Providence, R.I. — Behind the Walls, a prisoner rights program of Direct Action for Rights and Equality, along with Workers World Party and CommUNITY members, gathered to commemorate and build upon the legacies of George Jackson, Black August and the longstanding solidarity with Indigenous nations on Aug. 31.
According to the Malcolm X Grassroots Movement, “Black August originated in the concentration camps (prisons) of California in 1979 and its roots come from the history of resistance by Black/New African/African brothers in those prisons.” (mxgm.org) In the spirit of Black August, organizations are encouraged to have political, cultural and educational events of commemoration and observance, and not celebrations or parties. Black August was designed and brought to our communities to educate, agitate and activate the spirit of revolution, resistance and rebellion in our people.
A banner stating “Not One More Lynching” and featuring political prisoners Shaka Sankofa and Mumia Abu-Jamal was draped across the podium. A multinational collective of Djembe drummers, led by Brother John Prince, provided the call and response as Sister Moni Solaa and Brother Marco McWilliams engaged the community in the powerful tradition of libation, calling the names of our fallen revolutionaries.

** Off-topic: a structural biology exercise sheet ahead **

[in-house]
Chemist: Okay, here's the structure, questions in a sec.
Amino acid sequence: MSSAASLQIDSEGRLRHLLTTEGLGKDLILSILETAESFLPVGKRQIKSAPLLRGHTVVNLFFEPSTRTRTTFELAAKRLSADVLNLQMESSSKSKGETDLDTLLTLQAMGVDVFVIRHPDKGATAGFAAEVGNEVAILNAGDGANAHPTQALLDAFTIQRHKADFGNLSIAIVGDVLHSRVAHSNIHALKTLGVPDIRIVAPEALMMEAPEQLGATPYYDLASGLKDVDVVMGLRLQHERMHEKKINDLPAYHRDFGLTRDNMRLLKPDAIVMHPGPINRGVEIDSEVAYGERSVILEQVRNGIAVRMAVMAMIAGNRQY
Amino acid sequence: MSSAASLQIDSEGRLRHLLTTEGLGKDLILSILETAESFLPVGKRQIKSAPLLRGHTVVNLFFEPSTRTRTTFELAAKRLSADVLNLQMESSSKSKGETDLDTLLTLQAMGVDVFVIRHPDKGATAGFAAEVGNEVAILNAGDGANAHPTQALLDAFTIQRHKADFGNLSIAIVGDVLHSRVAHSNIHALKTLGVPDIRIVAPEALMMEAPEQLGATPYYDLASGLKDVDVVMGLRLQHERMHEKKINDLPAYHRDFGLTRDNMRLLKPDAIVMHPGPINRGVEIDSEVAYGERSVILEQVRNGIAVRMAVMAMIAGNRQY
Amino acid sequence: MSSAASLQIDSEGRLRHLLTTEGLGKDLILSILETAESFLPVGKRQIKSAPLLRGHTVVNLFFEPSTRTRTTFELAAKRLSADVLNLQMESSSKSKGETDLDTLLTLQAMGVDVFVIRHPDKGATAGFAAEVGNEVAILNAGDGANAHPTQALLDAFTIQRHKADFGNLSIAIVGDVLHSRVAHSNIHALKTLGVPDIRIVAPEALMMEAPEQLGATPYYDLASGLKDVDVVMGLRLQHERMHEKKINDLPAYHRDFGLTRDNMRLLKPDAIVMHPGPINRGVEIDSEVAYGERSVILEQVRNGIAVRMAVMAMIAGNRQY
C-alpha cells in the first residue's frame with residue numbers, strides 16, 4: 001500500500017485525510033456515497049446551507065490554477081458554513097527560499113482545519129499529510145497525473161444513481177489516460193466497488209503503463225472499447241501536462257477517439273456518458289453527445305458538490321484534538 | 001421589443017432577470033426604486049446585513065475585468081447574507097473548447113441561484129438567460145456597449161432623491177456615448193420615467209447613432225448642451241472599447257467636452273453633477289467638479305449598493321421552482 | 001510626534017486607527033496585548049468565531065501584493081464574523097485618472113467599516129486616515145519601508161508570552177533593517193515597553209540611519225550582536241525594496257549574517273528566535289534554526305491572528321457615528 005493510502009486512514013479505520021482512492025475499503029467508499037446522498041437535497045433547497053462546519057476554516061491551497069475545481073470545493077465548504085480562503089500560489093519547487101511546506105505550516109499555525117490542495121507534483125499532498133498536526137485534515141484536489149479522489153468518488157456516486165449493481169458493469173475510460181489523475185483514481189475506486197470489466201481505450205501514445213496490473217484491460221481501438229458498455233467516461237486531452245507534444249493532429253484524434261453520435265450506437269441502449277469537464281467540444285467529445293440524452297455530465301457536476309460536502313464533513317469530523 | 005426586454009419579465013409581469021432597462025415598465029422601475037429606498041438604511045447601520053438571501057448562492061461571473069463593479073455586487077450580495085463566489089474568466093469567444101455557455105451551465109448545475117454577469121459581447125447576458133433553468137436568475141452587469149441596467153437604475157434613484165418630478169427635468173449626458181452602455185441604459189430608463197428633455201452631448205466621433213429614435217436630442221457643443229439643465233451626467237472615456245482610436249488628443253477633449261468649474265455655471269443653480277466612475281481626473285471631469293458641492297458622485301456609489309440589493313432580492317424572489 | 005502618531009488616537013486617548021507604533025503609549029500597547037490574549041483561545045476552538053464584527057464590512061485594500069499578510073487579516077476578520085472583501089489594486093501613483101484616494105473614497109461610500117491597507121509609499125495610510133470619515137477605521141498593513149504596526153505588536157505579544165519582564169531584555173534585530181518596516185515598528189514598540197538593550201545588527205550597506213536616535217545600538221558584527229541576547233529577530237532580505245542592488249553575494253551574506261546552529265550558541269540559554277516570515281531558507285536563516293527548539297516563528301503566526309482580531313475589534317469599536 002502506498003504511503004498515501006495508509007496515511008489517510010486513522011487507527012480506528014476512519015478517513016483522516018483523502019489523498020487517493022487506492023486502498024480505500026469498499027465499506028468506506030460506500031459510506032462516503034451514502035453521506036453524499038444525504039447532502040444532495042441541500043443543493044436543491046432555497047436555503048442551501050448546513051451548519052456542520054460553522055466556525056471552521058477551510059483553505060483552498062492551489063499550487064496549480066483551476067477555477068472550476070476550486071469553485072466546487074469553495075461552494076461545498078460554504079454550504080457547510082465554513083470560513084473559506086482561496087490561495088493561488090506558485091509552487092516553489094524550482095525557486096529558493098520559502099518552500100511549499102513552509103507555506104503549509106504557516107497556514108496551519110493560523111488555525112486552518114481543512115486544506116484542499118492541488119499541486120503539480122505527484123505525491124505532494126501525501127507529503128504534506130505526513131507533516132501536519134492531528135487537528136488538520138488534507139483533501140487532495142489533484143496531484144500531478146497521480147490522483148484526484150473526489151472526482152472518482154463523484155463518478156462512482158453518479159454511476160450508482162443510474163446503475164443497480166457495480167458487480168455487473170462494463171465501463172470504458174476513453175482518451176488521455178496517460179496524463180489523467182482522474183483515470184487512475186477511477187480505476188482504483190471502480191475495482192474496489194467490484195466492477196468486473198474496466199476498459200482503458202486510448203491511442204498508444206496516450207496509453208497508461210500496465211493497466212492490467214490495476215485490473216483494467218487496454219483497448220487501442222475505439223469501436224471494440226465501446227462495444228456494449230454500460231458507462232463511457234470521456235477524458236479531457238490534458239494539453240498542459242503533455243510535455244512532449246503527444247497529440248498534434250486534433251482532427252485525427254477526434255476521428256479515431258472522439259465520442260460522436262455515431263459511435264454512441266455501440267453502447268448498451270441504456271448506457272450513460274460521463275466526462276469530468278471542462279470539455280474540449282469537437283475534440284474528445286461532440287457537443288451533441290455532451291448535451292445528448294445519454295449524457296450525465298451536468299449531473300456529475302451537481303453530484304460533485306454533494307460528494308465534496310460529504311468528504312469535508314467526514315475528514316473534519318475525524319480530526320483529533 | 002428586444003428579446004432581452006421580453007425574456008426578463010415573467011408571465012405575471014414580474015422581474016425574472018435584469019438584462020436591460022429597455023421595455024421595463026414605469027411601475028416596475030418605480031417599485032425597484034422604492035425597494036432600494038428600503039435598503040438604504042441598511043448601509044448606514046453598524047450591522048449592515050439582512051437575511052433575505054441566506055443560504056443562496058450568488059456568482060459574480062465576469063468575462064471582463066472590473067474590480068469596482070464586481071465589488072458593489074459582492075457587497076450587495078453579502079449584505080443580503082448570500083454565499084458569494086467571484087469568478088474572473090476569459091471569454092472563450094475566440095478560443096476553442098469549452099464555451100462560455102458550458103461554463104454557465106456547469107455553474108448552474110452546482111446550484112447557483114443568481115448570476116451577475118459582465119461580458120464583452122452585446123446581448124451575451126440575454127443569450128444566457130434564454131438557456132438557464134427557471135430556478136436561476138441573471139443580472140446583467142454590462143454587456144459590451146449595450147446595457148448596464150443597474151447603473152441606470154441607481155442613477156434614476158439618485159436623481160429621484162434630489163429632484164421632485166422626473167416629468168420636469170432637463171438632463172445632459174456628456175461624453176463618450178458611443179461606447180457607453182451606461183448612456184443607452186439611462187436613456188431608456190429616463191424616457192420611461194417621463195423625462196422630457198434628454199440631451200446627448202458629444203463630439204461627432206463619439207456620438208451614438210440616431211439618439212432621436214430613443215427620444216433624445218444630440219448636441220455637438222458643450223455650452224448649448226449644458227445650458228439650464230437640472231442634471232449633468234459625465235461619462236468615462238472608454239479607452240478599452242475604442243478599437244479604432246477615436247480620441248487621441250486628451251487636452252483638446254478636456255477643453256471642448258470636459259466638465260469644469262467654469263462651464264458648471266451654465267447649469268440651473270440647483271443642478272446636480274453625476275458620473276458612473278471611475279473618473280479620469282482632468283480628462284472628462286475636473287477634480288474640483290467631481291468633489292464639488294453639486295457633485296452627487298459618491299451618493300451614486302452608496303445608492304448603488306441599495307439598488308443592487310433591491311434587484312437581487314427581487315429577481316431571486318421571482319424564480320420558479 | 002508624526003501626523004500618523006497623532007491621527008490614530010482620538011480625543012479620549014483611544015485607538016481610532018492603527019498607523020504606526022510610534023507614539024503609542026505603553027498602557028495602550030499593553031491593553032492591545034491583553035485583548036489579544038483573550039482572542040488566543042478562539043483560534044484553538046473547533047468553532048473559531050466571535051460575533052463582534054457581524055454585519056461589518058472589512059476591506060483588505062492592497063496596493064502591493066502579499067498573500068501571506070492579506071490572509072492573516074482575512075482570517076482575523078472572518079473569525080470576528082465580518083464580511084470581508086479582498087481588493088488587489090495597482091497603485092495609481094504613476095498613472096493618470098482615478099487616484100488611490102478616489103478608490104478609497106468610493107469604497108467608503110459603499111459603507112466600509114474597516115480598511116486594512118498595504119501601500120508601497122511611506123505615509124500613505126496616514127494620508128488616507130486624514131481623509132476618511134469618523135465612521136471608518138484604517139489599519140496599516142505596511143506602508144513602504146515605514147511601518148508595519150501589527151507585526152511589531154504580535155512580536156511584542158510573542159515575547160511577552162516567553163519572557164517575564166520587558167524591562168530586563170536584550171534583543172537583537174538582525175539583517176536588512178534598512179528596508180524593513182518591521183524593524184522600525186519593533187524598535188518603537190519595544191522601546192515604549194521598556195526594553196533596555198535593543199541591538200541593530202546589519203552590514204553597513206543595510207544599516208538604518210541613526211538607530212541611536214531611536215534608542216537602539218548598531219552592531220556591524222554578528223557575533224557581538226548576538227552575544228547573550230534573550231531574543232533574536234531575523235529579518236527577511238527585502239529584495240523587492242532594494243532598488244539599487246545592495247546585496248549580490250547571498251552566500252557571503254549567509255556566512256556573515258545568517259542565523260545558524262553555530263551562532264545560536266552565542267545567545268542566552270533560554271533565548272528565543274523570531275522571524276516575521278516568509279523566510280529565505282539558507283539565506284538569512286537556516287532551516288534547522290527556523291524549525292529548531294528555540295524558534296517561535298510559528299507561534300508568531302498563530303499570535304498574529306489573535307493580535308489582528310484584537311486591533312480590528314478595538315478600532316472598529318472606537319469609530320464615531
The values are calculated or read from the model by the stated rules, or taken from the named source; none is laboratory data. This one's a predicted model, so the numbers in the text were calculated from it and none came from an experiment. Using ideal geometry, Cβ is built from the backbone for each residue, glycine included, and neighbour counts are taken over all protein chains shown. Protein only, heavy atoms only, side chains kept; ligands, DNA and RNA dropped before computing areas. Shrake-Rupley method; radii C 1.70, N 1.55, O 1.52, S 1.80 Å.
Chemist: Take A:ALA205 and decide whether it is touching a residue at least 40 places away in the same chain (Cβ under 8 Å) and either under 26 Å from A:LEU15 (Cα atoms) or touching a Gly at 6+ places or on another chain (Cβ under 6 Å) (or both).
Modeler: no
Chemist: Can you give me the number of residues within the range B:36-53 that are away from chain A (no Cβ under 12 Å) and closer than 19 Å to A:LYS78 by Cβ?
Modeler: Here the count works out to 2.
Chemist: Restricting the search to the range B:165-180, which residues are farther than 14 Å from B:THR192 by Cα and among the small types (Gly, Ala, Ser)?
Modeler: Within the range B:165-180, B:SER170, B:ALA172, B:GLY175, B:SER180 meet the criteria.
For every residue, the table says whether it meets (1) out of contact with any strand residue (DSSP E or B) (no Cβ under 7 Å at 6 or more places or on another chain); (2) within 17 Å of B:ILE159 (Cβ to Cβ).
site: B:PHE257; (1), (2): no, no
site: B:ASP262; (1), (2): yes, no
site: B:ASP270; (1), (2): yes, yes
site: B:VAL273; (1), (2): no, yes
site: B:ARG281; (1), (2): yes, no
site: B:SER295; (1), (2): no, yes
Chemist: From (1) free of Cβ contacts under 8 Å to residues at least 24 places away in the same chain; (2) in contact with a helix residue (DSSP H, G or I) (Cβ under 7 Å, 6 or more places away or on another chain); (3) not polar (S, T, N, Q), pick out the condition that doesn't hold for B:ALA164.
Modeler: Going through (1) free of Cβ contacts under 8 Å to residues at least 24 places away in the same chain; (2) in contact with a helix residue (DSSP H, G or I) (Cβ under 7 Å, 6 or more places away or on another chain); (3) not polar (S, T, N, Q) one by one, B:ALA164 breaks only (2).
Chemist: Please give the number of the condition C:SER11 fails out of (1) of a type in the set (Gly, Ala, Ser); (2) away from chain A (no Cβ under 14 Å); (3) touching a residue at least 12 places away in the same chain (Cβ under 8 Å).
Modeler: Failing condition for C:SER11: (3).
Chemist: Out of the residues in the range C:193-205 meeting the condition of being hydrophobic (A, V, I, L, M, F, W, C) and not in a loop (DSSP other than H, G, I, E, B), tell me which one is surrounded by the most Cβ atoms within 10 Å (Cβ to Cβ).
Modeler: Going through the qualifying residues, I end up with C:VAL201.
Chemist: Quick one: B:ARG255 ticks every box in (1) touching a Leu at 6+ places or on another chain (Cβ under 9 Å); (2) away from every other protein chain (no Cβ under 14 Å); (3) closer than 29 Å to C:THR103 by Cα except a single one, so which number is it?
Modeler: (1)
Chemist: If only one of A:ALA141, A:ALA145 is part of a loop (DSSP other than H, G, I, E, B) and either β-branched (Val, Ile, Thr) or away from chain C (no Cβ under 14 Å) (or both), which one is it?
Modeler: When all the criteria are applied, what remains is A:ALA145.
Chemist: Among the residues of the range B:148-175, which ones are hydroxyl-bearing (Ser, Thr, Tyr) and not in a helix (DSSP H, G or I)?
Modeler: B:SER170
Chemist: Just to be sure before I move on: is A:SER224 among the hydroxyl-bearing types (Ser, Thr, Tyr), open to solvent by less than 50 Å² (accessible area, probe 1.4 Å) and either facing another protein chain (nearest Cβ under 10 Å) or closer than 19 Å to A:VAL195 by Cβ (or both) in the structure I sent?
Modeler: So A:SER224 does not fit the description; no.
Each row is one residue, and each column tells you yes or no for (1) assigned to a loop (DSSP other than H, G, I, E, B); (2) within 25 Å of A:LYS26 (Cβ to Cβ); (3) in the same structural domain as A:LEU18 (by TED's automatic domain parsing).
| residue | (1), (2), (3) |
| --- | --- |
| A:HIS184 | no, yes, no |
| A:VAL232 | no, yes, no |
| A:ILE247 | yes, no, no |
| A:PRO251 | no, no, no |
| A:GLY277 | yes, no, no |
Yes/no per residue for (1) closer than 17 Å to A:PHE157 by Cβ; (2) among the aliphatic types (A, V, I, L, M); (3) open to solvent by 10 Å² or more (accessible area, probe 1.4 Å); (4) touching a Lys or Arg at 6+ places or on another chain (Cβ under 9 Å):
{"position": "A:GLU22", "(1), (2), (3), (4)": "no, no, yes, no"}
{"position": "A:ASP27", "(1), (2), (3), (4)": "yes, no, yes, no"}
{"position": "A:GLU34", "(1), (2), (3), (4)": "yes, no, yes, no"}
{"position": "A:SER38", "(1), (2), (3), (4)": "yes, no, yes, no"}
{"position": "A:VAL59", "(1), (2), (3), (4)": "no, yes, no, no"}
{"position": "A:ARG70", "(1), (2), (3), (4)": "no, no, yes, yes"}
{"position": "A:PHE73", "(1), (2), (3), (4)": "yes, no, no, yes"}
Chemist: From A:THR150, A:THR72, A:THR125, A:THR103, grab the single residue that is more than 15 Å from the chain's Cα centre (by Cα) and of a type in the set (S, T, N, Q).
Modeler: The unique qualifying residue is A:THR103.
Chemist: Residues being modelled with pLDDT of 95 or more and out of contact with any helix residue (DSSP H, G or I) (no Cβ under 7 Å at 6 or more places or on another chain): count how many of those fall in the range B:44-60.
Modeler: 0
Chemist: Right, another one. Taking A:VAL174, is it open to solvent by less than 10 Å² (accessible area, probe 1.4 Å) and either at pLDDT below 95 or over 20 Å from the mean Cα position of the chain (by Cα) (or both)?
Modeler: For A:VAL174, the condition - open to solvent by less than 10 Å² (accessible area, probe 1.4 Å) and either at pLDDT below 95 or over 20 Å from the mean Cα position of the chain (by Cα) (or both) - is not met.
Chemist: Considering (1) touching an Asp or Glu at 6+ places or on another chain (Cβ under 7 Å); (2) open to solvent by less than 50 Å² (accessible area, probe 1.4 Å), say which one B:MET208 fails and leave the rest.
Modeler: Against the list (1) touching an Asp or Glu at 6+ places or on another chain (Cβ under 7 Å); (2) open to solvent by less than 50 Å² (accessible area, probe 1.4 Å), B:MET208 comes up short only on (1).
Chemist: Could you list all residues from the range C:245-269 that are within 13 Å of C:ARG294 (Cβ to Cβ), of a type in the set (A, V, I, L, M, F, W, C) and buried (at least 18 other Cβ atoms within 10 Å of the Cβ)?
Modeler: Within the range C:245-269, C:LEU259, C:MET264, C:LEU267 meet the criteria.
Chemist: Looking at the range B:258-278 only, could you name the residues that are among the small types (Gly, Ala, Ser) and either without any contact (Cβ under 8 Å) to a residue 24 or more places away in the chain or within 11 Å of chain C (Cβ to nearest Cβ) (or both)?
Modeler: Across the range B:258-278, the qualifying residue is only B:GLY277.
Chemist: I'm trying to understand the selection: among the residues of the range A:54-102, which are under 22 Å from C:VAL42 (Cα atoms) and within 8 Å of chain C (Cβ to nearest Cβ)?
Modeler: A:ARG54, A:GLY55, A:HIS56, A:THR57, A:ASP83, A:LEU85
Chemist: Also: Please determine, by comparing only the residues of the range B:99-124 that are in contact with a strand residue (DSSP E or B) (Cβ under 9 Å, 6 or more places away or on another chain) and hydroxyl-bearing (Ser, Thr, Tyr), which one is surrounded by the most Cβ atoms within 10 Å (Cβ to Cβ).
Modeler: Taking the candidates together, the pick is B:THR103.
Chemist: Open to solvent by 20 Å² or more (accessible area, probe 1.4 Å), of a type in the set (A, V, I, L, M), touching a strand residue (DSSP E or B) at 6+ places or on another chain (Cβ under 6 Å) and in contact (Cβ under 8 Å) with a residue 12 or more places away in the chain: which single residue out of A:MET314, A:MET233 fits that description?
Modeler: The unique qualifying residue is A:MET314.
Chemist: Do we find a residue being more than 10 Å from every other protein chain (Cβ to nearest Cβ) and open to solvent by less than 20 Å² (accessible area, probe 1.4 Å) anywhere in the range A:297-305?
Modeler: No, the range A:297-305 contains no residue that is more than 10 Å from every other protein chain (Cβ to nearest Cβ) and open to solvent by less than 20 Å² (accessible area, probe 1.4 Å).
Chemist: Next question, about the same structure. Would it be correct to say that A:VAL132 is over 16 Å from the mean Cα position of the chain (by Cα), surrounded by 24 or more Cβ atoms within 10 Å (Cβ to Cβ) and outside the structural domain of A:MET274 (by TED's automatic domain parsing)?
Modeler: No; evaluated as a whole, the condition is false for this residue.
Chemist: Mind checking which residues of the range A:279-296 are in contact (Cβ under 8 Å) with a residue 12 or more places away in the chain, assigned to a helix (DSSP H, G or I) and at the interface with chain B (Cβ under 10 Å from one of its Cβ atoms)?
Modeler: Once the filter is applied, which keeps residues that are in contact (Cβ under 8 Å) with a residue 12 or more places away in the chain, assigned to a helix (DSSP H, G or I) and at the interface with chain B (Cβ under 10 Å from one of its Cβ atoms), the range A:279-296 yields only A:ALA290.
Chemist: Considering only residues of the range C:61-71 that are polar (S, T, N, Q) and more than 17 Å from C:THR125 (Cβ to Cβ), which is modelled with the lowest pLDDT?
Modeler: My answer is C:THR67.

This writer shared excerpts of a letter that political prisoner Leonard Peltier wrote to Abu-Jamal, which included quotes by Irish revolutionary Bobby Sands. Archival footage of Brother George Jackson, Malcolm X, Assata Shakur, the MOVE 9 and Abu-Jamal deepened the revolutionary fervor and connectedness of our movement against fascism and white supremacy. Brother TwoHawk of the Pokanoket Tribe delivered an urgent call and update on the encampment and struggle against Brown University.
The event also featured a mini-exhibit that included archival Workers World coverage of George Jackson and the Prisoners Solidarity Committee at Attica between 1970 and 1971.
A video promoting the event is available at youtu.be/p5qhmY68jJw.